Enhance the Beehive

Using AI for bee object detection

Monitoring bee activity using camera vision

Created on: 08/06/2023 Last updated on 10/08/2023

Analyzing bee behavior at the entrance of the hive by object detection

The members of the Codecentric team have been developing a reliable and efficient system for monitoring bee activity using a camera and the PLCnext ML extension module. The main goal is to analyze bee behavior at the entrance of the beehive through object detection.

Extensive research, including conversations with beekeepers and studying scientific papers, was conducted to understand different methods for monitoring bees. Based on previous experience with computer vision and object detection applications at Codecentric, a computer vision-based approach was chosen. The system aims to provide insights into colony collapse disorder, bee population dynamics, hive diseases, and predator invasions. Training the model involved a dataset of bee images, and challenges were faced during the deployment phase, leading to the adoption of EfficientDet Lite as a more suitable architecture.

The project also addresses challenges with the dataset by using a custom entrance tunnel with controlled lighting conditions. The team is currently optimizing the system and setting up an infrastructure for device management to ensure smooth operation and updates.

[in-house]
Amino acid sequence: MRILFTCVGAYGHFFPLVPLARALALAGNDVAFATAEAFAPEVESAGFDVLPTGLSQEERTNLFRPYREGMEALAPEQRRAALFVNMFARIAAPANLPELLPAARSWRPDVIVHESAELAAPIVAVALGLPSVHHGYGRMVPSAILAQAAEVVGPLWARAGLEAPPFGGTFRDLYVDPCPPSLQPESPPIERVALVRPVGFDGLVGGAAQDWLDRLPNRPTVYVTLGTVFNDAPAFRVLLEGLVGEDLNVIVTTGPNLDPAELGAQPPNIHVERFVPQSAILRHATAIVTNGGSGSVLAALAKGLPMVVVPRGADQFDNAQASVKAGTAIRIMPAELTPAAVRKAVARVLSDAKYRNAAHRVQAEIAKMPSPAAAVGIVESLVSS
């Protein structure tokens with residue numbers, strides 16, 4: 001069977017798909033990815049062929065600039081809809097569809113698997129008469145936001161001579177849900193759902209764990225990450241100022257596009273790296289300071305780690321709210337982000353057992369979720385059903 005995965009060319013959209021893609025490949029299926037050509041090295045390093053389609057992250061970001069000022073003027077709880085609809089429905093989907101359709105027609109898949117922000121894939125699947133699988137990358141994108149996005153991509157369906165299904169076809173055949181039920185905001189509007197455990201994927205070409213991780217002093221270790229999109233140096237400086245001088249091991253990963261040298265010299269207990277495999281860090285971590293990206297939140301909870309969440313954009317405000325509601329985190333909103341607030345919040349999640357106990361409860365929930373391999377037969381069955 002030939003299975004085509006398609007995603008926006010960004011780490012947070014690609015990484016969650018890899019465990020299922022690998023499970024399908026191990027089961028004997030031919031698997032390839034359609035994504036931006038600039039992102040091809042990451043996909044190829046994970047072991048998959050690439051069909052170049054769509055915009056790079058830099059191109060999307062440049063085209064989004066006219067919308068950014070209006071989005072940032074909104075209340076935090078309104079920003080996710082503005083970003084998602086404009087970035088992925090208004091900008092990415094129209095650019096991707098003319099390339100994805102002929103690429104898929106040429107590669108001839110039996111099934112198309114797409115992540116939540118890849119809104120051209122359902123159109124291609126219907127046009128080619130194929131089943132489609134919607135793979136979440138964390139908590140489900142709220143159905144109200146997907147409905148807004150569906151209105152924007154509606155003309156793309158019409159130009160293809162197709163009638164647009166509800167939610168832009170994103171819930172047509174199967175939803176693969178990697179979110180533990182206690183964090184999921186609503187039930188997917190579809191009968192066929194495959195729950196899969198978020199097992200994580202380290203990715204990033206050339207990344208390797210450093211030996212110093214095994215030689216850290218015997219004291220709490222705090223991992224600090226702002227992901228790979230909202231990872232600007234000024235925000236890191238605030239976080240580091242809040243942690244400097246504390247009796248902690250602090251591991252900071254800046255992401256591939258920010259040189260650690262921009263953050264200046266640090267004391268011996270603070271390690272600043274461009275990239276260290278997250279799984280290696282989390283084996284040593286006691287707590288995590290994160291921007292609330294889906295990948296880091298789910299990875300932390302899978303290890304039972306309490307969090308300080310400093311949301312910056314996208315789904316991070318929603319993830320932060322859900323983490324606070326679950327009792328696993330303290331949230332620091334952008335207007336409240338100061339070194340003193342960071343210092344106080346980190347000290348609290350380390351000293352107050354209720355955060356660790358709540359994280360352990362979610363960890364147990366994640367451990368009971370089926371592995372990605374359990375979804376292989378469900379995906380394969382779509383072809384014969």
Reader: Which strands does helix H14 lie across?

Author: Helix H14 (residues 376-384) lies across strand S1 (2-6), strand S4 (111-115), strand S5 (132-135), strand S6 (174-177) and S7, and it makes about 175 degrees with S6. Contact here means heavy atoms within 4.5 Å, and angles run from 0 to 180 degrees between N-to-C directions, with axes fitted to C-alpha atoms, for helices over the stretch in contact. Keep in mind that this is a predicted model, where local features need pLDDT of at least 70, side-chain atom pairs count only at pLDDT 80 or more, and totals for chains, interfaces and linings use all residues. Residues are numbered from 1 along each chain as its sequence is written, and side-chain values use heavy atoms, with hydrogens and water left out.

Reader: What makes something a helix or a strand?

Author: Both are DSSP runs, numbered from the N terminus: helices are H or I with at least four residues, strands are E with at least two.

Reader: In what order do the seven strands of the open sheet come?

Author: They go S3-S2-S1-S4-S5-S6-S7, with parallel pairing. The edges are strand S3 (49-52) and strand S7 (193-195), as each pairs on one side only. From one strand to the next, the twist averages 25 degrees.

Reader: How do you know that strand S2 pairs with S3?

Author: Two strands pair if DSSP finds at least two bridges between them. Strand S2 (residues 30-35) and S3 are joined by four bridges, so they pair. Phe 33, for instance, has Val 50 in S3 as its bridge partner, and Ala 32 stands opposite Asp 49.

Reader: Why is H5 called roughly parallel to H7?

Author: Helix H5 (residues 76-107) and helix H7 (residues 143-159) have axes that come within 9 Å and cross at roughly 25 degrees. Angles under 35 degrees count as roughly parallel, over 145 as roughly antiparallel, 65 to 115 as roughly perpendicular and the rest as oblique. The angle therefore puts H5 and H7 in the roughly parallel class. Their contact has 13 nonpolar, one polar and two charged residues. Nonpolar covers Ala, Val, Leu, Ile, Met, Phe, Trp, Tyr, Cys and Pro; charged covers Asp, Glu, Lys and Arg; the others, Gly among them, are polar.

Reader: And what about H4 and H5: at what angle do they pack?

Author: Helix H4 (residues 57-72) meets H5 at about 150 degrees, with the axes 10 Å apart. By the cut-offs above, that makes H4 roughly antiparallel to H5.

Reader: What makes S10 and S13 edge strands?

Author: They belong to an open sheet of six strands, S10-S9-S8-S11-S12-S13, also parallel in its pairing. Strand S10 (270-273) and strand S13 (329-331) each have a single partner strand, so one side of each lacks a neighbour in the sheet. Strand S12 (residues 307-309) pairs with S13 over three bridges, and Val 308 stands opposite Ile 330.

Learn more details about the project

The Codecentric team aims to develop a reliable and efficient system for monitoring bee activity using a camera and the PLCnext ML extension module. By analyzing bee behavior at the entrance of the beehive through object detection, beekeepers can gain insights into colony collapse disorder, bee population dynamics, hive diseases, and predator invasions.

Extensive research was conducted, including consultations with beekeepers and studying scientific papers. Computer vision-based approaches were chosen based on Codecentric’s expertise in the field. Ultralytics Yolov8, a powerful object detection algorithm, was used to train the initial model on a dataset of bee images captured from various angles, distances, and lighting conditions.

Challenges were encountered during deployment, as the Yolov8 model was incompatible with the PLCnext ML extension module. To address this, EfficientDet Lite, a lightweight and optimized object detection model, was adopted. The model was retrained, achieving comparable results with improved performance. Another challenge was the use of a general-purpose bee image dataset, which introduced noise and inconsistency. To overcome this, a custom entrance tunnel with controlled lighting conditions was employed to capture high-quality and consistent images.

The project is now in the final stage of preparing for the first prototype deployment. Efforts are focused on optimizing the dataset, fine-tuning model parameters, and ensuring robustness and accuracy. An infrastructure for device management has been established, utilizing tools such as Portainer, Prometheus, Teleport, and Grafana to ensure smooth operation and updates.

Four questions to the team

We are curious to get to know the people behind the ideas. Who are the members of the team?

Tom is a full stack developer and IT consultant at codecentric, specializing in infrastructure, machine learning, and digitalization of processes. He is currently studying business informatics in Münster.